Personally, I don’t think it is realistic or pragmatic to try to contain our users or to replicate every service that might be of interest within our own framework. We don’t have the resources to do that, but even if we did, such an approach is not, in my opinion, aligned with the goals of the project. I want children to use Sugar as a “free as in freedom” and safe place to learn, however, I don’t want to confine them to that space: they should be launched out of Sugar into the broader world of computing and the web, hopefully shaped by their experiences with Constructionism and with free software. Indeed, one of the most rewarding experiences of the project is to watch children who grew up with Sugar submitting patches to reshape it into a something new and better. Just as we provide a mechanism to inter-operate between Sugar (an environment for exploration) and the GNOME desktop (an environment for productivity), I envision children learning to move fluidly between the garden of internal web services provided by our collaboration model and external services.
As far as being agnostic as to which services our framework *can* support, I think that from the technical perspective, this is a requirement. We cannot be in the business of censoring on behalf of our users. We leave decisions as to what to learn up to the local communities in which Sugar is deployed. Where we have a deliberate influence is on how it is learned. We try to strike a much-needed balance between consuming and creating, between critiquing and reflecting, and this is reflected in the affordances we provide: the Journal, view source, sharing, etc.
That said, we all make decisions of commission and omission. For example, on the one hand, I filled a ticket with YouTube regarding enabling the uploading of .ogv files. On the other hand, when I post videos, I use Dailymotion, because it supports .ogv. And yet I admit to still watching the occasional YouTube video. And as you alluded to in your question: we shipped Gnash instead of Adobe Flash.
Regarding social networking, I blogged this past spring about how the teachers using Sugar in Amazonas Peru hang out on Facebook. Consequently, when we set up a common space for collaboration and support for those teachers, we set it up on Facebook. I’ve tried to get teachers to come to the Sugar channel on IRC, but few, if any, ever do so. (The default channel of the IRC client we bundle into Sugar takes them to #sugar on irc.freenode.net, but they never use that tool. They do manage to find Facebook on their own using Browse.) If I want to engage with them, I need to go to where they hang out. The engagement itself, independent of the service used to provide it, has been rewarding.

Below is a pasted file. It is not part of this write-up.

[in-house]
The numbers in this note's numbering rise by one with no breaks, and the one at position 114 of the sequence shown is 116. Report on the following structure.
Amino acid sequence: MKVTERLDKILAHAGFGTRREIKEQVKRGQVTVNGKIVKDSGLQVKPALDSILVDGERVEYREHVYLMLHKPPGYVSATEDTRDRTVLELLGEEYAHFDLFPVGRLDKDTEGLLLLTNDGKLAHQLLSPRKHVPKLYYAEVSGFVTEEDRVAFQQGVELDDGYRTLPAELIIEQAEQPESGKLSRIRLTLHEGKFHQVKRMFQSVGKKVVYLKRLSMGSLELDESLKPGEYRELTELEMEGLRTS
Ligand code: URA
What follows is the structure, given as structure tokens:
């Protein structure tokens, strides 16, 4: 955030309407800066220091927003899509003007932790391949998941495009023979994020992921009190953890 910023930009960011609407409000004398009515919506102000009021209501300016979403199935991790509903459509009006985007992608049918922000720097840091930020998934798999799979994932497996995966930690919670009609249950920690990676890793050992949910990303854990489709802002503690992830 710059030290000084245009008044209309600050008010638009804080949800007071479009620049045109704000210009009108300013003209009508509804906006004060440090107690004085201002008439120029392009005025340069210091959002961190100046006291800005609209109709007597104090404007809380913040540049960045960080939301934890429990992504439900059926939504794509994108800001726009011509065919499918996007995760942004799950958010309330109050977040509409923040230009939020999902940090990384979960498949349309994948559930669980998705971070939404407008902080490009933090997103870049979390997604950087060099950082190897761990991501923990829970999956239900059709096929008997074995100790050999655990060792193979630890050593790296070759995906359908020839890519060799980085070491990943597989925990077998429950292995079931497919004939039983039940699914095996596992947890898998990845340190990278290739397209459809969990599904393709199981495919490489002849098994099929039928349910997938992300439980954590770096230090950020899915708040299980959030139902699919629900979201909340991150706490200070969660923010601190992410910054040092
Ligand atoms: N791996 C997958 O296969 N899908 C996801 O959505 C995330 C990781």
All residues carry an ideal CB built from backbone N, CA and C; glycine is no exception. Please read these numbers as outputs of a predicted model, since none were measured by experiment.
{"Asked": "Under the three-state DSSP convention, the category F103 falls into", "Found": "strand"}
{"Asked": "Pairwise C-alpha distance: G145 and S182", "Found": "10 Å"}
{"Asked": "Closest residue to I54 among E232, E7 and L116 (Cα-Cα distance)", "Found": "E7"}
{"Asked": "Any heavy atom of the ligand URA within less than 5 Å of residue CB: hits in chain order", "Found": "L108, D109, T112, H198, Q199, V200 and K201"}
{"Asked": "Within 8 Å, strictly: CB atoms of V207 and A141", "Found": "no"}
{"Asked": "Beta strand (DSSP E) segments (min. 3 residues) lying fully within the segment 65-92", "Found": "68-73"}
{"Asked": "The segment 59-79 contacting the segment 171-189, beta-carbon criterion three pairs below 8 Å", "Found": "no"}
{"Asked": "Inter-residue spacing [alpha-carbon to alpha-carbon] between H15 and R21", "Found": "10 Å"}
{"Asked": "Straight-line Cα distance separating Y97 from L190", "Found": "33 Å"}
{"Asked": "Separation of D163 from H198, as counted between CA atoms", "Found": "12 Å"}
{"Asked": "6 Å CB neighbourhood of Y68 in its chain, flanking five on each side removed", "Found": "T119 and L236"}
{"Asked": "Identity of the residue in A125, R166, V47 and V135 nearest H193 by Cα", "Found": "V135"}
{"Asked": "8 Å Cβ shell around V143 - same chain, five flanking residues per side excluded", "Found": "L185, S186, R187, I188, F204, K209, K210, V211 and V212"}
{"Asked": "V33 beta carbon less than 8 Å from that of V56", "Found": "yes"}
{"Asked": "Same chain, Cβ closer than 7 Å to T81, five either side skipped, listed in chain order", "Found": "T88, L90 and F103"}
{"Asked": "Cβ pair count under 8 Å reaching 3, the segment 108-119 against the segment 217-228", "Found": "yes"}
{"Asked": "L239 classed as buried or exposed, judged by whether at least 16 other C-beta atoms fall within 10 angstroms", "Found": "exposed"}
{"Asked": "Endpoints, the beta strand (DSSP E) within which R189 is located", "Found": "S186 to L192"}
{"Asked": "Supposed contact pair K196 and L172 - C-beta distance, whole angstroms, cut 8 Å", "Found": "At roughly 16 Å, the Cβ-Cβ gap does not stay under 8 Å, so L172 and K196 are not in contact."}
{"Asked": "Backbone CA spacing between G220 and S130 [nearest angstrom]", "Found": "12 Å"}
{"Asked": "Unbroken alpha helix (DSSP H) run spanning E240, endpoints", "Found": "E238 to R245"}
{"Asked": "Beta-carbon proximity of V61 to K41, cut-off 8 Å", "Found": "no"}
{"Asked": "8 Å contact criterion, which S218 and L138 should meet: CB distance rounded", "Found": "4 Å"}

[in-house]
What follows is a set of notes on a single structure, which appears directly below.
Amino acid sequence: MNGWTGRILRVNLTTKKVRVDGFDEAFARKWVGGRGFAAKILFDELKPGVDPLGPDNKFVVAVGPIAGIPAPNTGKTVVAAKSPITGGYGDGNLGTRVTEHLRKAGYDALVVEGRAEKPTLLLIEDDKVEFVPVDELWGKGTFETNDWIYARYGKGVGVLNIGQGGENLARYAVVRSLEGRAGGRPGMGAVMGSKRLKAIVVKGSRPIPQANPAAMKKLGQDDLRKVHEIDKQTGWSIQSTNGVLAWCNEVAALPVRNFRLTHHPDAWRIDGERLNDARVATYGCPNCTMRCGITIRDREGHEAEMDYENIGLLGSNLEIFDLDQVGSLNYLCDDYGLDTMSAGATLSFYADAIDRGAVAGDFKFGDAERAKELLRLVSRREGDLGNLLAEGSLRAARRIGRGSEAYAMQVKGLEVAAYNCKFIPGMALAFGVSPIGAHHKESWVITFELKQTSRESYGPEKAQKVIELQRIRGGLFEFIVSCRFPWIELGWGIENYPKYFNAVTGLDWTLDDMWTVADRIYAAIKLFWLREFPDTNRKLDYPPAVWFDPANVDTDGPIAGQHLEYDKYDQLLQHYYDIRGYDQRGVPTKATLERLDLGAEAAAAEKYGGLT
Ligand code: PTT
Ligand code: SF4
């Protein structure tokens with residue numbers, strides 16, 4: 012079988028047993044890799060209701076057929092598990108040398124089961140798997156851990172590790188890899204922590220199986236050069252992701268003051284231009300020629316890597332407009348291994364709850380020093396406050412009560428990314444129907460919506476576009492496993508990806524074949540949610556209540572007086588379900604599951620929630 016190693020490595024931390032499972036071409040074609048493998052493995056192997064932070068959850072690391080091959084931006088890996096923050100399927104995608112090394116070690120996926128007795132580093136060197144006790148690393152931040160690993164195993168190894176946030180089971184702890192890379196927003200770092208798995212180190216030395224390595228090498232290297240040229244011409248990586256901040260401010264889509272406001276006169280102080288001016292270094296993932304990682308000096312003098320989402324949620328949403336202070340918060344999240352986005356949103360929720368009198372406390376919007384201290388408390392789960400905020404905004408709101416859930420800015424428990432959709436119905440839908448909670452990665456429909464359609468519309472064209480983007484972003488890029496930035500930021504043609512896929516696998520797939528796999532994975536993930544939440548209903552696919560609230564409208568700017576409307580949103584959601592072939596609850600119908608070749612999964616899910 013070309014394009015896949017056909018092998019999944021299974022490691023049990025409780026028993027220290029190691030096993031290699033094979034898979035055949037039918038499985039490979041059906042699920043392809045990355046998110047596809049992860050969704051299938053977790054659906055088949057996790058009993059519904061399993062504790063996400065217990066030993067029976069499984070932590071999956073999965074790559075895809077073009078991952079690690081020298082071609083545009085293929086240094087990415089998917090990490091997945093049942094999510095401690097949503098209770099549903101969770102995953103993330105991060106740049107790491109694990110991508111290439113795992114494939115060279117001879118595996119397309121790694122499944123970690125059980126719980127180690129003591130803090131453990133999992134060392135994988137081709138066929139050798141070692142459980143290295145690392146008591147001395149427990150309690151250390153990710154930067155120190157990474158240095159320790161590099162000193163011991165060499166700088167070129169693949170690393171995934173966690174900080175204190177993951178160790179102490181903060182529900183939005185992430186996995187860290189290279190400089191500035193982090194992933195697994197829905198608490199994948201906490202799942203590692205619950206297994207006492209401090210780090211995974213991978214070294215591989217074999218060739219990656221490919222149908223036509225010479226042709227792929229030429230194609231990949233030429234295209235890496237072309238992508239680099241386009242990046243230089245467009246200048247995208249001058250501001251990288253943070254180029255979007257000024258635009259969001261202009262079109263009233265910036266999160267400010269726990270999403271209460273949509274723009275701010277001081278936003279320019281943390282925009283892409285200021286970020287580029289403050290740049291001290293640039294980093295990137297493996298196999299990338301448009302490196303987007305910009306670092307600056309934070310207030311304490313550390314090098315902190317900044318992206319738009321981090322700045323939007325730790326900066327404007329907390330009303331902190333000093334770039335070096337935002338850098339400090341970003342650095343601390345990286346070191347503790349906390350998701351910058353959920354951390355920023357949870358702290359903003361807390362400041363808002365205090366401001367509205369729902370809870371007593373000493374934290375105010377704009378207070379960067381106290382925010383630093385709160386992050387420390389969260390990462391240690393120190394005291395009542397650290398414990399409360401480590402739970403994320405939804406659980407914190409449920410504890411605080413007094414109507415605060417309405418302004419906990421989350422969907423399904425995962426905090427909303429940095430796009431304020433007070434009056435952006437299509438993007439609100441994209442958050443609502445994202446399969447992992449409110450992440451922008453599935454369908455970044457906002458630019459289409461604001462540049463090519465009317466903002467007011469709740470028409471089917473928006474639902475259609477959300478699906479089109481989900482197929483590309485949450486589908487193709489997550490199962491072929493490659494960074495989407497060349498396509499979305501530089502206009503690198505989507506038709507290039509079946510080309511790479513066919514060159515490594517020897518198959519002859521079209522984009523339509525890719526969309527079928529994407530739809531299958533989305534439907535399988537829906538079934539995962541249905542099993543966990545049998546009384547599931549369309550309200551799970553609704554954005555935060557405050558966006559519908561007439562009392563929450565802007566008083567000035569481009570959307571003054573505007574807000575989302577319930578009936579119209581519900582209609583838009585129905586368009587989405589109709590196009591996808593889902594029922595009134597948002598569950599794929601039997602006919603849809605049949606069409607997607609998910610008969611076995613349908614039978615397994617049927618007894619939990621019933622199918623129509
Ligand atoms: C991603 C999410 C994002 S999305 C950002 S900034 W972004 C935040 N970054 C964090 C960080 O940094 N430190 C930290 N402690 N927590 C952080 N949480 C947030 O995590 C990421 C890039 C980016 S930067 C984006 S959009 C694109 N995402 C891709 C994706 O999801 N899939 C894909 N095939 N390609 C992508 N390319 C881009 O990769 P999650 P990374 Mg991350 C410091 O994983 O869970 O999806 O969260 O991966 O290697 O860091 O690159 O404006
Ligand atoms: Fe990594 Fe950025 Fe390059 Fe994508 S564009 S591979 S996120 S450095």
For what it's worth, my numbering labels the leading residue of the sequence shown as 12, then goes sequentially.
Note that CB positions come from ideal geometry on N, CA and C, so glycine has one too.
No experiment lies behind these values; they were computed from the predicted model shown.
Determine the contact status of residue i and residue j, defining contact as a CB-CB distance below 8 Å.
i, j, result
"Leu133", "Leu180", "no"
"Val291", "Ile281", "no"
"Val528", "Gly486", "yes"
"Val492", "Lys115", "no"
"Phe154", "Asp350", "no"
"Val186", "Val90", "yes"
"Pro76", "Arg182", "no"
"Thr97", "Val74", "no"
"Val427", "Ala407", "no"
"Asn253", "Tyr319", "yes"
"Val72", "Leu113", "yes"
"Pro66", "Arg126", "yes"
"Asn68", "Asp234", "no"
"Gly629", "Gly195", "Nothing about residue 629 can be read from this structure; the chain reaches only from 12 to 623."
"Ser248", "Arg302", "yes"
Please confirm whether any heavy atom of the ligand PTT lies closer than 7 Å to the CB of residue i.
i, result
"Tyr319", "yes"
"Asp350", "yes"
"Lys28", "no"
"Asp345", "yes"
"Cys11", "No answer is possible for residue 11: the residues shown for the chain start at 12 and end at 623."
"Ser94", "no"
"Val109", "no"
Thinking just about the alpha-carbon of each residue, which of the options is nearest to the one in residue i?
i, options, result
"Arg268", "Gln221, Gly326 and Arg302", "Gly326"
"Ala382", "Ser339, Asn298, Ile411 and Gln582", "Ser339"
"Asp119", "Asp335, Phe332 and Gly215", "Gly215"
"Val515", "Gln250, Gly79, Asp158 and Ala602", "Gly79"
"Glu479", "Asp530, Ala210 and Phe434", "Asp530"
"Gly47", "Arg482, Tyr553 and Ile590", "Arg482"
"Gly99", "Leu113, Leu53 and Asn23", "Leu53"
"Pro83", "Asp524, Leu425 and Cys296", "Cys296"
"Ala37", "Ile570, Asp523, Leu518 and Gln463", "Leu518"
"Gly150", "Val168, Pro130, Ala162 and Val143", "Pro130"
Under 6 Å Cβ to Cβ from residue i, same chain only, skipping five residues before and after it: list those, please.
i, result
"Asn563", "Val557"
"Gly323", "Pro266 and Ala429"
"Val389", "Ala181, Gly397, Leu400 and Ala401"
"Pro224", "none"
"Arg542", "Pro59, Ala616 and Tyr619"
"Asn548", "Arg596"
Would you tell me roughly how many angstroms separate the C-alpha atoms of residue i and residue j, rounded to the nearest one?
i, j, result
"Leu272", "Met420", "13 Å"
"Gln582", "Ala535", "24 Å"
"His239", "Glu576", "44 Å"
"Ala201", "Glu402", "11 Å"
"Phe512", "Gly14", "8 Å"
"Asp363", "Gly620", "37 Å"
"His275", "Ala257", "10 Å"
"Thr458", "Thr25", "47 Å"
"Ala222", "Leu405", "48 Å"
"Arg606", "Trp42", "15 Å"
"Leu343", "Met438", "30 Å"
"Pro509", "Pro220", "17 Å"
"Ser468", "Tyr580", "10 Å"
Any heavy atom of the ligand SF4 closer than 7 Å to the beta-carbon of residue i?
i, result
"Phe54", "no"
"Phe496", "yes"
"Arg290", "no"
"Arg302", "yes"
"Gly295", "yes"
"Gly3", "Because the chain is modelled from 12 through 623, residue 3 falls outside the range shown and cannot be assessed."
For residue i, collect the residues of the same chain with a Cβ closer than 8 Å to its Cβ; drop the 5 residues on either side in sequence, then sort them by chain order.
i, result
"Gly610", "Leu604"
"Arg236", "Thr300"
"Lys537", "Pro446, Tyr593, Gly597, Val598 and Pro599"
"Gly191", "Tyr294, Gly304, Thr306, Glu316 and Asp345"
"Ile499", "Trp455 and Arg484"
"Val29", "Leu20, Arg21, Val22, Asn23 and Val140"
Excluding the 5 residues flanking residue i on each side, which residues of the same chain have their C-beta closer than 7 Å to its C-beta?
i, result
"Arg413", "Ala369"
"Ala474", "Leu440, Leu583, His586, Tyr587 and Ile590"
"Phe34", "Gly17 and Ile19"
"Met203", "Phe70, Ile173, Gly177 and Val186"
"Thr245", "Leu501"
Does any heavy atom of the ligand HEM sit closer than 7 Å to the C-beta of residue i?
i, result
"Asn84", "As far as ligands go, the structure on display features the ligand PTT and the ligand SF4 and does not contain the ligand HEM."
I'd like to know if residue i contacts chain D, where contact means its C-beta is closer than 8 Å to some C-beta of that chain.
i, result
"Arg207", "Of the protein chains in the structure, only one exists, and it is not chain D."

As to why Facebook as the place to start building services, there are several reasons. The first is simply that Raul wrote facebook-gobject, which he hosted on git-hub, that allows you access Facebook’s Graph API via a set of GObject based objects for easy integration with GLib2-based code. The second is that Facebook has 1-billion users with whom we’d like to interact and impact.
There are certainly caveats: First, Facebook is not for children. My intention is to provide a mechanism for teachers, not children. Second, Facebook does not provide a place for file (project) sharing, just a place for talking about projects. We will need other services for that (dare I say, Google Drive). Third, there may well be other social networking sites that are aligned with the principles of Free Software. Help us identify those sites and write plugins for them. Which services are exposed in a control panel extension is not a decision we will make unilaterally, but in order to offer a service, someone needs to write the code. Raul and I are trying to lower the barrier to entry. Admittedly, by lowering the barrier for Facebook, we may be discouraging others from trying to compete in this space.
We have an obligation to take these issues seriously and to discuss them vigorously. They are not decisions that come easily or lightly. How we open the door to web services within Sugar is still to be decided.
2. I blogged about a cool visualization of prime factors last week. Tony Forster and I coded it up in Turtle Blocks. Quite fun. It uses a simple iteration to calculate the prime factors and then a recursive algorithm to render the factors in a tree, e.g., 25=5x5. It cycles through the factors of 2 through 100, but it is easy enough to change the main loop to cycle through whatever range of numbers you'd like. It takes advantage of the on-the-fly box definition mechanism in Turtle Blocks and the ability to reference a box from the value in another box to manage the state as it changes in the recursion. Note that you can vary the playback speed by moving the mouse up or down on the screen.
In the community
3. When visiting Facebook's campus in Menlo Park, we bumped into Chris Blizzard, formerly the Red Hat project manager for Sugar.